any questions you might have.
5. Not considering a mortgage pre-approval
Knowing the amount you will be approved
for gives you the confidence to begin
looking at homes within your price range.
Real estate agents will serve you better
because they know youre a serious buyer.
You can easily make an offer to purchase
as soon as you find the right home.
At RBC, your pre-approved mortgage rate
will be guaranteed for 120 days1. If rates go
up during the period, youre protected. If
they go down, you will automatically get
the lowest rate for the term selected
6. Not choosing your own mortgage payments schedule
Customize your amortization period
depending on how much you can
afford. Paying off your mortgage sooner
saves you interest costs, while a longer
amortization period reduces your
regular payment amount and gives you
more room to manage your cash flow.
For most people a 25-year amortization
is a good starting point for you to
consider as stretching your amortization
further will increase your interest costs
over the life of your mortgage.
In order to qualify for a longer
amortization you must make a down
payment of at least 20% of the purchase
price of the property, to qualify. The
maximum amortization is 30 years. If
you choose a longer amortization you
may wish to consider a strategy to
reduce the time to pay off your mortgage
over the life of your mortgage as your
cash flow allows. RBCs moneysaving
options, such as Double-Up, accelerated
payment, 10% anniversary payment
and annual 10% increase in payment
amount, can get you on track to an even
shorter amortization period.
Regardless of the mortgage option you
choose, buying and owning a home is
likely to be one of the biggest financial
investments of your life. Creditor
insurance can help protect that investment
from lifes uncertainties and help give you
the confidence that comes with knowing
your investment is well protected.
HomeProtector life and disability
insurance can pay your outstanding
mortgage balance up to $500,000 in the
event of your death, or can make your
regular mortgage payment up to
$3,000 per month for up to 24 months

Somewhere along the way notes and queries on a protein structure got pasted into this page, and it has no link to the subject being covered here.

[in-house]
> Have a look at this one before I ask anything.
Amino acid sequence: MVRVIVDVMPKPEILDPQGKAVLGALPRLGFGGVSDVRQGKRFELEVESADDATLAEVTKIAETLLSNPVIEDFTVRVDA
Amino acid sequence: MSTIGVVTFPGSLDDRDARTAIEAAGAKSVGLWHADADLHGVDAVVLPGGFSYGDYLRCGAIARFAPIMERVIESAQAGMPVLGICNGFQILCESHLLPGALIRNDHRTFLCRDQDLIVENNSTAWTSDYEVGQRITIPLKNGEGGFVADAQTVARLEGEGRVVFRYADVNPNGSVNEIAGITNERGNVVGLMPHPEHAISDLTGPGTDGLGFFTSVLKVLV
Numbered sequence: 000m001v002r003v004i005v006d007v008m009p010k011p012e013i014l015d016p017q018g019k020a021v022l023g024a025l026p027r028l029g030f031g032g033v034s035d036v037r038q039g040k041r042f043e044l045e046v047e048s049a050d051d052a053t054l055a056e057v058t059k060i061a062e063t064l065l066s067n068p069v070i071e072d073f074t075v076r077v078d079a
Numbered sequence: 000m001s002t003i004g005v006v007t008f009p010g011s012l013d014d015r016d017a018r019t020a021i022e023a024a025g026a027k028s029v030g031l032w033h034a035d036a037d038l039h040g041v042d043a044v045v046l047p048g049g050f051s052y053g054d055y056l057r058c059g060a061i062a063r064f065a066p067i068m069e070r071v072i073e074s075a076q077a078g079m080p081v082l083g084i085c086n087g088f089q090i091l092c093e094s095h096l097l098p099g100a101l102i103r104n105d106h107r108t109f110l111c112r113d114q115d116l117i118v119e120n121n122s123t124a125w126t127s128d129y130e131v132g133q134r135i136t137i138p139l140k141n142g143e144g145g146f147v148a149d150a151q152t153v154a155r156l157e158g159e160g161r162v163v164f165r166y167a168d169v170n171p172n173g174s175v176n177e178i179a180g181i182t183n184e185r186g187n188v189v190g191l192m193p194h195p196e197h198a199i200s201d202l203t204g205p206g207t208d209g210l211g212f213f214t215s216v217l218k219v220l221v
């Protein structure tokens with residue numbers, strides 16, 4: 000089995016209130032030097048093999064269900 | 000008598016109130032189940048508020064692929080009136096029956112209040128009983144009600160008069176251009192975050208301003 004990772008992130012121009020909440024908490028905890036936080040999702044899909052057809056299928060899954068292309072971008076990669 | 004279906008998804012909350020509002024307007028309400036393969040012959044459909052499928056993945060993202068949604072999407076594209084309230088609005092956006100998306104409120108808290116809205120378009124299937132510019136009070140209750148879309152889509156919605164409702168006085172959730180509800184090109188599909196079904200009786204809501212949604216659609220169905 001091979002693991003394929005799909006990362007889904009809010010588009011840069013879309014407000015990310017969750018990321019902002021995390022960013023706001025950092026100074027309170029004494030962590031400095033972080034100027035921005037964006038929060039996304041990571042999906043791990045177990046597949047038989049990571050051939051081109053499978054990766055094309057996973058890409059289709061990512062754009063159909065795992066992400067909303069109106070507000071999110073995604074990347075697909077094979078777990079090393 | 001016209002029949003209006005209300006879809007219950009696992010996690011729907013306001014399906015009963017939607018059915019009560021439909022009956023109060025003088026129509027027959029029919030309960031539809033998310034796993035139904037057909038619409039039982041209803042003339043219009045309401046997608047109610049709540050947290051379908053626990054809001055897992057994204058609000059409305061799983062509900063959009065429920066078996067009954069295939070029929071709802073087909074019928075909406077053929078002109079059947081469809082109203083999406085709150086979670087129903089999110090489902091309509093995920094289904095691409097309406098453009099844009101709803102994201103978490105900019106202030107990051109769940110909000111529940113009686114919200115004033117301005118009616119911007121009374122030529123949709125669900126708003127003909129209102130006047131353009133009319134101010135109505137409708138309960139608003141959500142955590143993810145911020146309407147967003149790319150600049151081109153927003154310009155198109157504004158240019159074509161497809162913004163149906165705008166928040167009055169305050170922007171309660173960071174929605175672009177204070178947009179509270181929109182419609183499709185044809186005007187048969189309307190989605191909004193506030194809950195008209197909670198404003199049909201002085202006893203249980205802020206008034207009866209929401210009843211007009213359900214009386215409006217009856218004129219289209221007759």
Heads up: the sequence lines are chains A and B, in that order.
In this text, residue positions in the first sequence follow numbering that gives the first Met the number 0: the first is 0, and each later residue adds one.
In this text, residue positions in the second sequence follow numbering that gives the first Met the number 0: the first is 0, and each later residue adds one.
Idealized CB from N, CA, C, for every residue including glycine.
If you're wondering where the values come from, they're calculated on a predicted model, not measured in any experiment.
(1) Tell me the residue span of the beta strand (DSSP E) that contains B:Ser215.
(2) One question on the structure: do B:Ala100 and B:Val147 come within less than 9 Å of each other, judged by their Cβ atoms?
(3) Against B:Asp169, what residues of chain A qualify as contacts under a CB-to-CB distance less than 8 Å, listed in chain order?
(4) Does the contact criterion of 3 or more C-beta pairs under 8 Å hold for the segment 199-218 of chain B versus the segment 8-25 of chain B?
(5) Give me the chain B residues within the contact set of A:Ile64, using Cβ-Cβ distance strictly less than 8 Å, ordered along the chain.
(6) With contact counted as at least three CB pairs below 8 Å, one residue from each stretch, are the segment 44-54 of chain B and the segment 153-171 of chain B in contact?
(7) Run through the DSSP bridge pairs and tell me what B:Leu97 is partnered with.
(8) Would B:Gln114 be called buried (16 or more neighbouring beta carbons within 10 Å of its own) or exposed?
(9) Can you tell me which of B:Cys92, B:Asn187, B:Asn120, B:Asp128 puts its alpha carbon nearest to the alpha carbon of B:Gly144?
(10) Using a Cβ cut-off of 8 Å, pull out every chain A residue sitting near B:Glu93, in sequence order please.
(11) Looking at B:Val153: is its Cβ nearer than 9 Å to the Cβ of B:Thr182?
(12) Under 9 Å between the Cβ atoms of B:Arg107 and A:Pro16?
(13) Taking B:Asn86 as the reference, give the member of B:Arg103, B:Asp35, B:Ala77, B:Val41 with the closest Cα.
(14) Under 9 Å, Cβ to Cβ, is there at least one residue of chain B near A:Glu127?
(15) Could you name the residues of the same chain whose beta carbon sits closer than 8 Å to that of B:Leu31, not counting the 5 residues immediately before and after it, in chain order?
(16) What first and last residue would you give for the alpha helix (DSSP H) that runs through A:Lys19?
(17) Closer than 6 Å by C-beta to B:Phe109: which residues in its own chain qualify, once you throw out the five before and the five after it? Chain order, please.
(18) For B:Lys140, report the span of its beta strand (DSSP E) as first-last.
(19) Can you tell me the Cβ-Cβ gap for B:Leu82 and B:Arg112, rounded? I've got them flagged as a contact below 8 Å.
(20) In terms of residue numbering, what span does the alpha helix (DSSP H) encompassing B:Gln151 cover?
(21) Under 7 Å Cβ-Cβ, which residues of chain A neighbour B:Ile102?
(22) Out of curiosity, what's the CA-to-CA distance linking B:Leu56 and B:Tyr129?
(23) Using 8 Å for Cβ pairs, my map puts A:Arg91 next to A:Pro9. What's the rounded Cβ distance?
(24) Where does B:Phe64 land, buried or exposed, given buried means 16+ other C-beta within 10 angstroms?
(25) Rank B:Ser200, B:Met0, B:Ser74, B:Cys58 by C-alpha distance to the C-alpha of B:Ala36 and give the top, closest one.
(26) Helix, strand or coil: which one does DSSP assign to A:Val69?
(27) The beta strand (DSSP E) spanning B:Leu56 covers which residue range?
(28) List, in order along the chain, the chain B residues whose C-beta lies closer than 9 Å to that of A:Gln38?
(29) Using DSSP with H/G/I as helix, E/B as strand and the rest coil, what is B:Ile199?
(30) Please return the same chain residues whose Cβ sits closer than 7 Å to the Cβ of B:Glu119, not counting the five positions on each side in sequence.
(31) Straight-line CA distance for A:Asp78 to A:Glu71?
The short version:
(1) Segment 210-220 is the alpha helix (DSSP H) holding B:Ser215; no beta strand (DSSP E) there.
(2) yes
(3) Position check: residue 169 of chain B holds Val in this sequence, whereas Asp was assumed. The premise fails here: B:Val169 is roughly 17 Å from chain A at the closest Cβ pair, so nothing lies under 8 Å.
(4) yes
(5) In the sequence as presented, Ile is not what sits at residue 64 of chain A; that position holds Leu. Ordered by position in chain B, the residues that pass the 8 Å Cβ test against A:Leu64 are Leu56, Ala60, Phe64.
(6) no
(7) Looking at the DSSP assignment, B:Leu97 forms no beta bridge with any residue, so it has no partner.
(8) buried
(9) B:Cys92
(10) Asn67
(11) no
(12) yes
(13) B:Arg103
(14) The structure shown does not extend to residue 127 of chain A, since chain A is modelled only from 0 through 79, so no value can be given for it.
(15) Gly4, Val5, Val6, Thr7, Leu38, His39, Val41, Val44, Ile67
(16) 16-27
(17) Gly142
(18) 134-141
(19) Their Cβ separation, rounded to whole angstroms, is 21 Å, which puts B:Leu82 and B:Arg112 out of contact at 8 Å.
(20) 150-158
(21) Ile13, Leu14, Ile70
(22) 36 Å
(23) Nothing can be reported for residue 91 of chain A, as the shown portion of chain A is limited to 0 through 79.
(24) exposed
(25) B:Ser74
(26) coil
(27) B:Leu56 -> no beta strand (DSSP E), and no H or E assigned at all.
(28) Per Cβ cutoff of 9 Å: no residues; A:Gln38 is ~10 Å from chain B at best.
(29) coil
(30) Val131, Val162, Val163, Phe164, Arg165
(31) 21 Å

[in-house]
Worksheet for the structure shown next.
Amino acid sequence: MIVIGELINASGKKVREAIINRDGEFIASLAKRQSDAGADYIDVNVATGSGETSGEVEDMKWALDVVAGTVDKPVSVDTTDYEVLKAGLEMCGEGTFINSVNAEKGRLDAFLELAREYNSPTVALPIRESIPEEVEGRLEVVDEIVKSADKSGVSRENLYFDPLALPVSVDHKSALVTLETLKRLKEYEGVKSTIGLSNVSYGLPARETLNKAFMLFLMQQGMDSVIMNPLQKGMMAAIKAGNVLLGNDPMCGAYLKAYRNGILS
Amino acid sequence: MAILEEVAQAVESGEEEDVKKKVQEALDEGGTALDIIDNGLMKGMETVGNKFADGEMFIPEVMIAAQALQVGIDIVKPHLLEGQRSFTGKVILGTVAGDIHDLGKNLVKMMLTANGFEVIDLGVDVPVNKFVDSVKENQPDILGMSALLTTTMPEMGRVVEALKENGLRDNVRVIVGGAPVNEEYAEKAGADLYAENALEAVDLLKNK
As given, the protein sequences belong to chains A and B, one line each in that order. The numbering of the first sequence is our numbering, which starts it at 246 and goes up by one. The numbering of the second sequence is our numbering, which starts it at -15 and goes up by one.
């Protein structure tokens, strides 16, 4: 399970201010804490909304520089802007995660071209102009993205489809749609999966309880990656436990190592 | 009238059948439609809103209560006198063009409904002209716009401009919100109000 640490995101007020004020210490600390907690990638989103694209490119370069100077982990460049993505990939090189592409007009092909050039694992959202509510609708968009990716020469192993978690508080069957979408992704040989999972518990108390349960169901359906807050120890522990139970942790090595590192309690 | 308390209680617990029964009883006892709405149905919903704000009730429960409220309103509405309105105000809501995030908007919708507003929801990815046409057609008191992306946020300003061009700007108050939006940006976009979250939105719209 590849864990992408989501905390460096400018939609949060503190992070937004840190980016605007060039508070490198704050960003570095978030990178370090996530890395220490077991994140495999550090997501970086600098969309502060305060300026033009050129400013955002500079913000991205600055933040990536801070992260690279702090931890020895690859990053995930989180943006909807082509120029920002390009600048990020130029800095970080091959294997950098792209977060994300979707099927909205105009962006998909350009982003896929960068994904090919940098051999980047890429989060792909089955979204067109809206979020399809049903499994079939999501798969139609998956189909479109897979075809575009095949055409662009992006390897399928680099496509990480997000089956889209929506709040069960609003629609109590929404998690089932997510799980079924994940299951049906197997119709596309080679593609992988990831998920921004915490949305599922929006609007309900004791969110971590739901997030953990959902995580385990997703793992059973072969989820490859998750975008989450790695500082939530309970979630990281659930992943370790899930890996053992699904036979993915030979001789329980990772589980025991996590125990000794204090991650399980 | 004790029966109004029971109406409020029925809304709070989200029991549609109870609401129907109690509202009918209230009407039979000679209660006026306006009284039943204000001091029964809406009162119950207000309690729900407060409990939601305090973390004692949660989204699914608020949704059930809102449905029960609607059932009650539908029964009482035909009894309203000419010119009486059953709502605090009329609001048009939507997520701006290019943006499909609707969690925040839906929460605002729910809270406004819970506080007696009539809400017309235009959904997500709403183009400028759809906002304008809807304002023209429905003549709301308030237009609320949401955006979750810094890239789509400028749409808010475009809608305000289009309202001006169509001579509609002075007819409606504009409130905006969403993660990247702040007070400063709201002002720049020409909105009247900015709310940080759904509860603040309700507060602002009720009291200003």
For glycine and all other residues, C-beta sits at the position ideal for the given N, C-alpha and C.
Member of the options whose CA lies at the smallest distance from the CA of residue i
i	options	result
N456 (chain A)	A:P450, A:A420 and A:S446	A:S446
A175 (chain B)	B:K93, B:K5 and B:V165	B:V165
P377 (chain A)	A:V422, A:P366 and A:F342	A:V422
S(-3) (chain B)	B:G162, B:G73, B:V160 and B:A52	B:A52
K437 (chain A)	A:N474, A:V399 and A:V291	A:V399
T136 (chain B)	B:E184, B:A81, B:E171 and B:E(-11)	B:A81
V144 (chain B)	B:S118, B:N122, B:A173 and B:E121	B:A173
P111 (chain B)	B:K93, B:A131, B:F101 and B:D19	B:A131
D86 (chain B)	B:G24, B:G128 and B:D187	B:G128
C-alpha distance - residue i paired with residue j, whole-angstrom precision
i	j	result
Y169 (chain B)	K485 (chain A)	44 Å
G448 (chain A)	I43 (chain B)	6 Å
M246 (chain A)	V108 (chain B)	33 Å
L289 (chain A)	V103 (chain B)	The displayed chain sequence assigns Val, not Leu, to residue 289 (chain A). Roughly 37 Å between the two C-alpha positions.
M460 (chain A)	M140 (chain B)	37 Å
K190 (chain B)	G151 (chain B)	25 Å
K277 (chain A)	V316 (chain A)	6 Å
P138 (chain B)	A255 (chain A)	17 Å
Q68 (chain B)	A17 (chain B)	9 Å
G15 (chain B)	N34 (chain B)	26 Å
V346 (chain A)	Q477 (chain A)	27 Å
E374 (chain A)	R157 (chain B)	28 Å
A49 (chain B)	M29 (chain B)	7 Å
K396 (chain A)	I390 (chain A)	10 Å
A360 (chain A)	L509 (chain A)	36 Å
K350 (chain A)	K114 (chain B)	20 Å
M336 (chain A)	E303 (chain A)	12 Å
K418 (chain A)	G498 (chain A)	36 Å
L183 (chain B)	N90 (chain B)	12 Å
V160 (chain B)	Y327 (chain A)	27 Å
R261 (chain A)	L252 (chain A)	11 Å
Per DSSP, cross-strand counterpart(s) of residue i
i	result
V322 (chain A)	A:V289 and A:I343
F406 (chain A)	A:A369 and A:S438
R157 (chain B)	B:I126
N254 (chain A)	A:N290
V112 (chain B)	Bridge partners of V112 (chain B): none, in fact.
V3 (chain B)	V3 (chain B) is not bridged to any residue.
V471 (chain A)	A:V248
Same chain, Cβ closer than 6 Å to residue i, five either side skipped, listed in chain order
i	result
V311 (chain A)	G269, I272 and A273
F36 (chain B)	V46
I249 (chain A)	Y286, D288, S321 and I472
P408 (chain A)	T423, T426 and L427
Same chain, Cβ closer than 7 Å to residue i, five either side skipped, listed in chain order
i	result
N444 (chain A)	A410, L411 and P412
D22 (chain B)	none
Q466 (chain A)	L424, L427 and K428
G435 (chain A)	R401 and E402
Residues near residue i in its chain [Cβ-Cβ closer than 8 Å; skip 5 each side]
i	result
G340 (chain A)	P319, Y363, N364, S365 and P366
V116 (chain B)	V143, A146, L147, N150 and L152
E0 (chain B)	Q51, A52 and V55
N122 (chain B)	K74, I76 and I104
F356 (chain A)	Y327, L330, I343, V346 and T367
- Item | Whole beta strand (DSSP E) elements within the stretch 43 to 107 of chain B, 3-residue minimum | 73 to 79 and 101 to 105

if you become disabled.2
html for details of coverage.
7. Forgetting about closing costs
By this time, youve selected a house,
picked your mortgage options and are
getting ready to finalize everything and
make an offer. This means getting down
to certain details and their associated
costs. It helps to know what these are
up front so you can minimize any last
minute complications. When calculating
closing costs, its fairly safe to assume
youll need an additional 1.5% of the
purchase price to cover such things as:
Professional home inspection:
Always make an offer conditional
upon a home inspection. As long as
your offer is conditional upon the
home inspection, you can have the
purchase price reduced to offset the
cost of needed repairs or cancel the
agreement. You should also inspect
the home before moving in to make
sure its condition has not changed. A
newly built home is usually covered by
a builder warranty program.
Lawyer or notary fees: Make sure you
work with an experienced real estate
lawyer/notary so that all legal aspects
of your house purchase are properly
Land transfer tax: Most provinces levy
a one-time tax, which is based on a
percentage of the purchase price.
Property tax/utility bill adjustments:
The purchase price of a resale home
is always payable subject to the usual
adjustments at closing. This means
that any amount that the seller has
already prepaid will be adjusted so
you pay the excess amount back to
the seller, and vice versa. The most
common adjustments occur on
property taxes and utility bills that
have been paid ahead of time. The
best way to take control of your
property tax payments is to pay them
directly to your municipality where
applicable. You can pay your tax bill
by a variety of methods: a cheque to
your municipality, through online
banking or (if your municipality
allows) an automatic debit from your
Property insurance: Your home is probably the biggest investment you
will ever make in your life. Property
insurance is all about protecting the
things you value: your home, your